Washington needs to be prepared to make considerable new investments in multilateral institutions, a departure from the more aloof stance the administration evinced during much of its first year. American businesses ought to be not just highly supportive of but involved in this effort; for example, providing ideas about how they and the World Bank can work more closely together to get effective investment into developing countries.
Both business and government should rethink their political approach to globalization, aiming to add a more humane element to it, with more emphasis on environmental cooperation, education and training of non-U.S. work forces, and the creation of social safety nets in less-developed countries. These policies — descendants of the Marshall Plan programs we supported in Europe after the close of World War II — will not by themselves eliminate terrorism. But the harsher capitalism that has been spreading around the world is not compatible with the need for political support for globalization. At the heart of everything is the need to build a system of commerce that makes as many people as possible feel they have a chance for a better life within the system that is evolving.
Let me try this another way: Some three weeks after the September 11 attacks, the Financial Times editorialized that “the ills of the world’s poor resulted from too little globalization, not too much.” This is not completely right. Globalization is not an end in itself; sustainable globalization is. CEOs and developed-world officials alike would be remiss were they not to acknowledge that certain effects of globalization have clobbered emerging markets time and again in the last several years. Even before mid-September, increasing attention around the world was paid to the downside of an integrated world economy. There is no question that globalization has widened the gap between rich nations and poor nations, and between rich and poor within countries. The troubles of today — and tomorrow — will be concentrated in those segments of the world that are falling further and further behind. It was tragic enough from a social and moral perspective to live in a world of these widening disparities. But now it holds a tangible security dimension, as well.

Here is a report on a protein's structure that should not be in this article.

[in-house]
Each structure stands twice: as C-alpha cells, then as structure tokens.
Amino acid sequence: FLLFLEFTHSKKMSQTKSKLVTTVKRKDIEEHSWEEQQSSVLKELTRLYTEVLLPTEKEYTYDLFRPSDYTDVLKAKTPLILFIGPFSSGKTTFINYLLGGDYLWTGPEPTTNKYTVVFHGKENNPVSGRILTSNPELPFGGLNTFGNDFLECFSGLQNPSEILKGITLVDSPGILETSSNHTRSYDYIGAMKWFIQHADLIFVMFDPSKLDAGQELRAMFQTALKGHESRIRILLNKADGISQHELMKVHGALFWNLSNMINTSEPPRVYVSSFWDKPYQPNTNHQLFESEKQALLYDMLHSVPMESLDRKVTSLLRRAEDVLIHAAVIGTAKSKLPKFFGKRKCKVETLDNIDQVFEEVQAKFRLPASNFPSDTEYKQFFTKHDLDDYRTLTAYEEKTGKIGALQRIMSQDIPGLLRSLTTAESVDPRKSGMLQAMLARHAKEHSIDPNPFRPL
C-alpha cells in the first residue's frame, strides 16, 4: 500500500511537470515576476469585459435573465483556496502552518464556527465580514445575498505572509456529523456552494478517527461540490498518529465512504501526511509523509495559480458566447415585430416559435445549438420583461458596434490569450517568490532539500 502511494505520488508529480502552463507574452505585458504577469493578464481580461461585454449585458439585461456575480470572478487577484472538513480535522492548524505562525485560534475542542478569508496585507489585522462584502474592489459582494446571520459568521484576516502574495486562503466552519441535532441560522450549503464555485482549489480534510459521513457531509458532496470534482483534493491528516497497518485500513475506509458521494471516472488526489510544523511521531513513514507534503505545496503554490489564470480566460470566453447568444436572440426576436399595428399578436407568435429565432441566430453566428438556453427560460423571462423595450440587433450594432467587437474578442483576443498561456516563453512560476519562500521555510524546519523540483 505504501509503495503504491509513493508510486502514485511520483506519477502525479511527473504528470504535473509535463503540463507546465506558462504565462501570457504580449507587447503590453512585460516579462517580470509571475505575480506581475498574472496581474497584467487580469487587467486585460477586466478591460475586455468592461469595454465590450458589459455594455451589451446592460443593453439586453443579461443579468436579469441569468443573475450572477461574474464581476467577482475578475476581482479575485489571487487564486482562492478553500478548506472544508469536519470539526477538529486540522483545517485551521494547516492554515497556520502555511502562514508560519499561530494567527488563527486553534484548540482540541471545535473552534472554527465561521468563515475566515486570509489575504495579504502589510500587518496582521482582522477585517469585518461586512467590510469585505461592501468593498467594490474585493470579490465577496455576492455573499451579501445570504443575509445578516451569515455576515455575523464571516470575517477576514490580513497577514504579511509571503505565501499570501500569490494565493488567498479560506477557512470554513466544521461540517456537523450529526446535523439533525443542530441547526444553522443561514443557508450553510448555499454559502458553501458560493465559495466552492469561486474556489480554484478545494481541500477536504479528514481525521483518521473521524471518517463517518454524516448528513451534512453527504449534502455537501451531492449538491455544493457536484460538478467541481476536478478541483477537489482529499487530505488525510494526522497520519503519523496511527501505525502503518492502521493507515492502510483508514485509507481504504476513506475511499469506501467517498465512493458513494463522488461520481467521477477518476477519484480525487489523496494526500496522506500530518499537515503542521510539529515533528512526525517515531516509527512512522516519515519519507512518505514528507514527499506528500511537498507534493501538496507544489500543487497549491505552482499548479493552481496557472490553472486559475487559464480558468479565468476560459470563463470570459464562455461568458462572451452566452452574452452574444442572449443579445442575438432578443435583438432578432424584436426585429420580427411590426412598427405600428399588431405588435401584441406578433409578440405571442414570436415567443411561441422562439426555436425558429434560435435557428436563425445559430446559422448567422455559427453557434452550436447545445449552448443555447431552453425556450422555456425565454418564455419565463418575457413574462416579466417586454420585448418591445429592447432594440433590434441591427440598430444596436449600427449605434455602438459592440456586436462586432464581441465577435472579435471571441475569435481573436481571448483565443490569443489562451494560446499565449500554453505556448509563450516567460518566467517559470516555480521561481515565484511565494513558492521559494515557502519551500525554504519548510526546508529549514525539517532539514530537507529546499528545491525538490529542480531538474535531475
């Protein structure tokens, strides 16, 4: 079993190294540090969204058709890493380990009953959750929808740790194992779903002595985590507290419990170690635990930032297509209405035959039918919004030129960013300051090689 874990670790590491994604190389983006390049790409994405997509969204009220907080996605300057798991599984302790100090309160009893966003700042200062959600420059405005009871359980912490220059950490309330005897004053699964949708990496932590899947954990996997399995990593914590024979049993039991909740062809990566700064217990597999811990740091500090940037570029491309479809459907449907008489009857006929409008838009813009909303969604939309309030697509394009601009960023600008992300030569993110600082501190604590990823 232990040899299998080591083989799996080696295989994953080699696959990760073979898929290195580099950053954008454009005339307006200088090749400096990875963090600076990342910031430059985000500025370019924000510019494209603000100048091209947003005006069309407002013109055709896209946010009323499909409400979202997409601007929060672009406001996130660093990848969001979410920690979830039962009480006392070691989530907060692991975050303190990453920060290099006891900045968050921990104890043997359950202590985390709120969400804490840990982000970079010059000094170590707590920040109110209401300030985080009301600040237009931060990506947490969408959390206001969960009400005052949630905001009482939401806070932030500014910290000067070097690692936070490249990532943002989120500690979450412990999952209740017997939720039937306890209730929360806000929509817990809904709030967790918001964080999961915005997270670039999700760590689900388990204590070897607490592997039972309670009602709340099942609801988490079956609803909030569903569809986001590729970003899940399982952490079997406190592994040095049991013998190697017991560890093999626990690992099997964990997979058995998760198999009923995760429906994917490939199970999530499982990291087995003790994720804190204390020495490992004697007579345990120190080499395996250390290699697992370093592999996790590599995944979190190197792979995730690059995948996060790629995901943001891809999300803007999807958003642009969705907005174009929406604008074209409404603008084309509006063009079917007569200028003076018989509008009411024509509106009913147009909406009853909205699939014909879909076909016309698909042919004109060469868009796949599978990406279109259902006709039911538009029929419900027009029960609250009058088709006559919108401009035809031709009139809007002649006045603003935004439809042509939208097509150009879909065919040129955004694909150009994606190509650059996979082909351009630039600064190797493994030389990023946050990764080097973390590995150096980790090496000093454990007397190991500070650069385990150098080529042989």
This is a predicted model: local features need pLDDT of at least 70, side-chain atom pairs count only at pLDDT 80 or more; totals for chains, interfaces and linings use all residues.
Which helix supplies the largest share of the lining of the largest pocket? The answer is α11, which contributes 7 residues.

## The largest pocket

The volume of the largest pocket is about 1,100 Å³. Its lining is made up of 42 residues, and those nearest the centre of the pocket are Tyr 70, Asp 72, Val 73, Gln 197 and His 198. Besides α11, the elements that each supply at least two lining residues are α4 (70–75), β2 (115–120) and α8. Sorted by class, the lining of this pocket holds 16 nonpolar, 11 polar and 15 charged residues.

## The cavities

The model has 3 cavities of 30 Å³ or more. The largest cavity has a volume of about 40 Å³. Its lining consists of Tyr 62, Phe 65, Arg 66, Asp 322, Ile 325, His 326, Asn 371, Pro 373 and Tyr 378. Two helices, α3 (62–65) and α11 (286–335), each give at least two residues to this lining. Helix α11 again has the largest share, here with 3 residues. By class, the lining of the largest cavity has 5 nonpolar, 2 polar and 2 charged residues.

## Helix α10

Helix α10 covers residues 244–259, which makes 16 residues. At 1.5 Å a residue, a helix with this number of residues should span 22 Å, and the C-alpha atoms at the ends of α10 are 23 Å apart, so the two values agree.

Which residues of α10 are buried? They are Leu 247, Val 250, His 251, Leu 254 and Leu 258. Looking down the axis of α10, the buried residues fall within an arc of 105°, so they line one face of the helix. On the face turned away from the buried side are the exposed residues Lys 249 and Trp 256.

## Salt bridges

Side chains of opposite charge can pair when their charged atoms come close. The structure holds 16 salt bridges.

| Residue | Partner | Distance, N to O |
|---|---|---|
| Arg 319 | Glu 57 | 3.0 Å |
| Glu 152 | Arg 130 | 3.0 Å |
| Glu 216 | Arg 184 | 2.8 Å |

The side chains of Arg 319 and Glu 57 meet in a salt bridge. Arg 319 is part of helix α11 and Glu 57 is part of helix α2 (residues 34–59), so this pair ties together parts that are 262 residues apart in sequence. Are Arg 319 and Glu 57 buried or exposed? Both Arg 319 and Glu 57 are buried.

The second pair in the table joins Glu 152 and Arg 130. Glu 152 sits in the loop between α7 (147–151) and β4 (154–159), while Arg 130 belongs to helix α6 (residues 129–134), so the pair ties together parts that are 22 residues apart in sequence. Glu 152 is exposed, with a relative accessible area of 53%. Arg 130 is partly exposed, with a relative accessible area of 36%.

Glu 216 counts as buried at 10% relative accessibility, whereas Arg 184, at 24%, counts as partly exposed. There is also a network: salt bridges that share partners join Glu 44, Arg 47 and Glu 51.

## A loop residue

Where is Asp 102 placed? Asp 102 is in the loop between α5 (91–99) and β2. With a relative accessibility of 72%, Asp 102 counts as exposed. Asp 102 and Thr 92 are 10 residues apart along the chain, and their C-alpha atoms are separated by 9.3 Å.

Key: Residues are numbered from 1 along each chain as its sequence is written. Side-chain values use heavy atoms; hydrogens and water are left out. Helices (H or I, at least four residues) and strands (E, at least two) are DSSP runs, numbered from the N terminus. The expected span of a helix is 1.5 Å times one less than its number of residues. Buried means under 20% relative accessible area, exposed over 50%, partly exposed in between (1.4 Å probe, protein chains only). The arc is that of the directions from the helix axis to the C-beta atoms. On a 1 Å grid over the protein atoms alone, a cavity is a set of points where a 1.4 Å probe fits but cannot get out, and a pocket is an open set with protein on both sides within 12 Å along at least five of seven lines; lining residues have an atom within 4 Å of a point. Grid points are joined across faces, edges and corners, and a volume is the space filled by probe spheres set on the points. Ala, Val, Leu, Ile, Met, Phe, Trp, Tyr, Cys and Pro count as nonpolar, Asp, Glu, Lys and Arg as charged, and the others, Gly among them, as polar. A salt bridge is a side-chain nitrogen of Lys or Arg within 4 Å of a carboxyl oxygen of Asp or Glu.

So more attention must be given to the impoverished, and a better way of helping them move up the economic ladder, than has been to date. Antiglobalization demonstrators highlighted the problem; because many of them were avowed anarchists or freelance troublemakers, it was easy to dismiss their concerns. But the fact is, many Third World governments were becoming increasingly troubled, too, even before September 11. Their concerns cannot be addressed by either government officials or corporate leaders acting in isolation. (By the way, it wouldn’t hurt for CEOs and government leaders to have even the semblance of a strategy to deal with those protest groups, who are getting more and more attention. Surely now is the time to develop one.)
American CEOs further have a role to play in pressing Washington not to neglect policies that were strengthening globalization before September 11, and that are still crucial for the future. A major case in point is our relations with Mexico, much of which were turning on more cooperative ties regarding people flows. It is hard to envision political support in Washington for more liberal immigration policies today. But sooner, rather than later, we will need to have them, even in the context of stepped-up vigilance. We may need to take some detours, to be sure, but we have to get back on the right road.
We must continue the effort to shore up the global banking system, well beyond the new push against money laundering. Similarly, we can’t forget the need to rethink intellectual property laws in the context of changes wrought by information technology (Napster-type issues), new global diseases (pharmaceutical issues), and the human genome (who owns the secrets of life?). In other words, the fight against terrorism, as important as it is, cannot subsume the multitude of thorny questions that must be resolved if a global economy is to operate efficiently and humanely.